In 1903, Bakersfield was the scene of one of the great gun battles of the Wild West. James McKinney, a notorious and violent outlaw, had fled nearby Porterville in 1902 after a shooting spree that left one man dead and four wounded. Several posses tracked the desperado over the next year as he moved through Mexico and Arizona, killing several more men as he went.
On April 19, 1903, lawmen received a tip that McKinney and two accomplices were hiding out in a fortified Chinese joss house (temple) in Bakersfield. A cordon of officers surrounded the house and prepared to arrest him. Kern County Deputy Sheriff Will Tibbett and City Marshal Jeff Packard called for McKinney to surrender.
As they attempted to enter the building, McKinney opened fire with a shotgun, killing Tibbett instantly and mortally wounding Packard. Officers returned fire, and Bert Tibbet, Will’s brother, shot and killed McKinney. McKinney’s accomplices were smoked out of the joss house by fire, and later were almost lynched by a mob. The story was so sensational that it was reported by no less a newspaper than The New York Times.
Officers Tibbet and Packard were solemnly laid to rest in Historic Union Cemetery (spaces 132-3 and 135-3 respectively). Their graves are forever a reminder of Bakersfield’s colorful, if sometimes violent, past.
Solomon Jewett – Established the County’s First Bank
One of Bakersfield’s first business magnates, Solomon Jewett made his first fortune supplying wool for Union army uniforms in the Civil War. A descendant of the founders of the Plymouth Colony, Jewett was born in Vermont in 1835 on his family’s sheep ranch. In 1861, he and his younger brother, Philo, headed west to Colorado to mine for gold. On the way they learned that the opportunities were not good in the gold fields, and they decided to continue on to California, walking the entire distance of more than 2,000 miles.On arrival, Solomon went to work on a large sheep ranch. After about a year Solomon and Philo began a sheep ranch of their own near the future town of Bakersfield. They were among the earliest settlers, and their ranch was one of the first in the region.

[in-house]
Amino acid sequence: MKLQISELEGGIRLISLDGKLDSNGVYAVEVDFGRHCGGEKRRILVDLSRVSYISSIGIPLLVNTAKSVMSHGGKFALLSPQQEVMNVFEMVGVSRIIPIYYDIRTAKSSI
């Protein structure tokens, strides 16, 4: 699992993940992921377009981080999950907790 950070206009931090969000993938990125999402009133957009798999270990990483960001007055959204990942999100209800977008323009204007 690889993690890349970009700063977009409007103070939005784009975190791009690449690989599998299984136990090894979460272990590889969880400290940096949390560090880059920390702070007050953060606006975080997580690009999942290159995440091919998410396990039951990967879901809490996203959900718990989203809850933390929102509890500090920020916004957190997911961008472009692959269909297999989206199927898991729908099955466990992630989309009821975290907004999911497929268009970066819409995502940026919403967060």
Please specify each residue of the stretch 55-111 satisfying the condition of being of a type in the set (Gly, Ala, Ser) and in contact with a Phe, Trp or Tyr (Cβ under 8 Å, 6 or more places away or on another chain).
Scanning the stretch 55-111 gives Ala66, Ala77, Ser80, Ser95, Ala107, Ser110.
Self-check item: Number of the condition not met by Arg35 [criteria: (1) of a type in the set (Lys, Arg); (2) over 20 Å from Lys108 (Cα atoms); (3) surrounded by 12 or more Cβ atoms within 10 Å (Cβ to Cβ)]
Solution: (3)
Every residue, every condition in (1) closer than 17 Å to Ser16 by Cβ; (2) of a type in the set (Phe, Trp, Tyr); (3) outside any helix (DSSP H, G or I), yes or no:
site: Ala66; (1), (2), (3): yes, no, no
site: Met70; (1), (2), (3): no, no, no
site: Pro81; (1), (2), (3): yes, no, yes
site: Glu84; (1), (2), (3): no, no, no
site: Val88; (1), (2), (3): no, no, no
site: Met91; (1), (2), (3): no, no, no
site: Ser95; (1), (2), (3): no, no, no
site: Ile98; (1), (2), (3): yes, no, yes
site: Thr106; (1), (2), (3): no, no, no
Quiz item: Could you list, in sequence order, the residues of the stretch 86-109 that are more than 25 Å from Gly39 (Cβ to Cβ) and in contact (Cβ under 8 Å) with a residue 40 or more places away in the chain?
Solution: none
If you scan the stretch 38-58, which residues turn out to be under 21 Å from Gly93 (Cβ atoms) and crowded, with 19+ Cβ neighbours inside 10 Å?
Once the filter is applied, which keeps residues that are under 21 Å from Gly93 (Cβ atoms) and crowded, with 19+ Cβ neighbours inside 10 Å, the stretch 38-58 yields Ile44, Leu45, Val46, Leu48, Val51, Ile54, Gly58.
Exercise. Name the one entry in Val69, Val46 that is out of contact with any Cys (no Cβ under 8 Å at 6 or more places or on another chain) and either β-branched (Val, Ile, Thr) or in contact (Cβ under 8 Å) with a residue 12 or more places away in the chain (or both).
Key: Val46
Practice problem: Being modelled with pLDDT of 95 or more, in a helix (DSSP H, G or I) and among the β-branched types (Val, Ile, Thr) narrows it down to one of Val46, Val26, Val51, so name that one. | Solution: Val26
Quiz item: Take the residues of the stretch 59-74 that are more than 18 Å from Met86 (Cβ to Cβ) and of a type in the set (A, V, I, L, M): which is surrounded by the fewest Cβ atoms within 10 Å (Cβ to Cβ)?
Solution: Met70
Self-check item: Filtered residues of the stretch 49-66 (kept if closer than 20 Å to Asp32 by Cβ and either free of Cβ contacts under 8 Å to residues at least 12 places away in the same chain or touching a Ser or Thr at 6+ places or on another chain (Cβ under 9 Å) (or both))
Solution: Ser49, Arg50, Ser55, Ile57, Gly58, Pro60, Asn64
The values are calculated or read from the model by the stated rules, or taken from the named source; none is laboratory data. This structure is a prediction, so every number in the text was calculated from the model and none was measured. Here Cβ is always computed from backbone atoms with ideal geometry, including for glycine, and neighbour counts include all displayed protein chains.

The ranch prospered, and Solomon diversified into other businesses, opening a store in Bakersfield at the corner of 19th Street and Chester. In 1874 he opened the first bank in the county, the Kern Valley Bank.
In 1899 Solomon sold his sheep and turned to raising cattle. He began farming alfalfa and other crops on more than 1,000 acres of land. In the 1870’s he discovered oil and created his own oil company, which later traded in oil and asphalt. He was also the first to pave a street in Bakersfield, which created demand for more paving and a market for his asphalt and paving company.
Established as a major local business leader, Solomon became active in civic affairs as well. He served on the Kern County board of supervisors and was a member of the Masons and the Elks societies.
Jewett died in Bakersfield in 1905 and was buried in Union Cemetery space 72-5.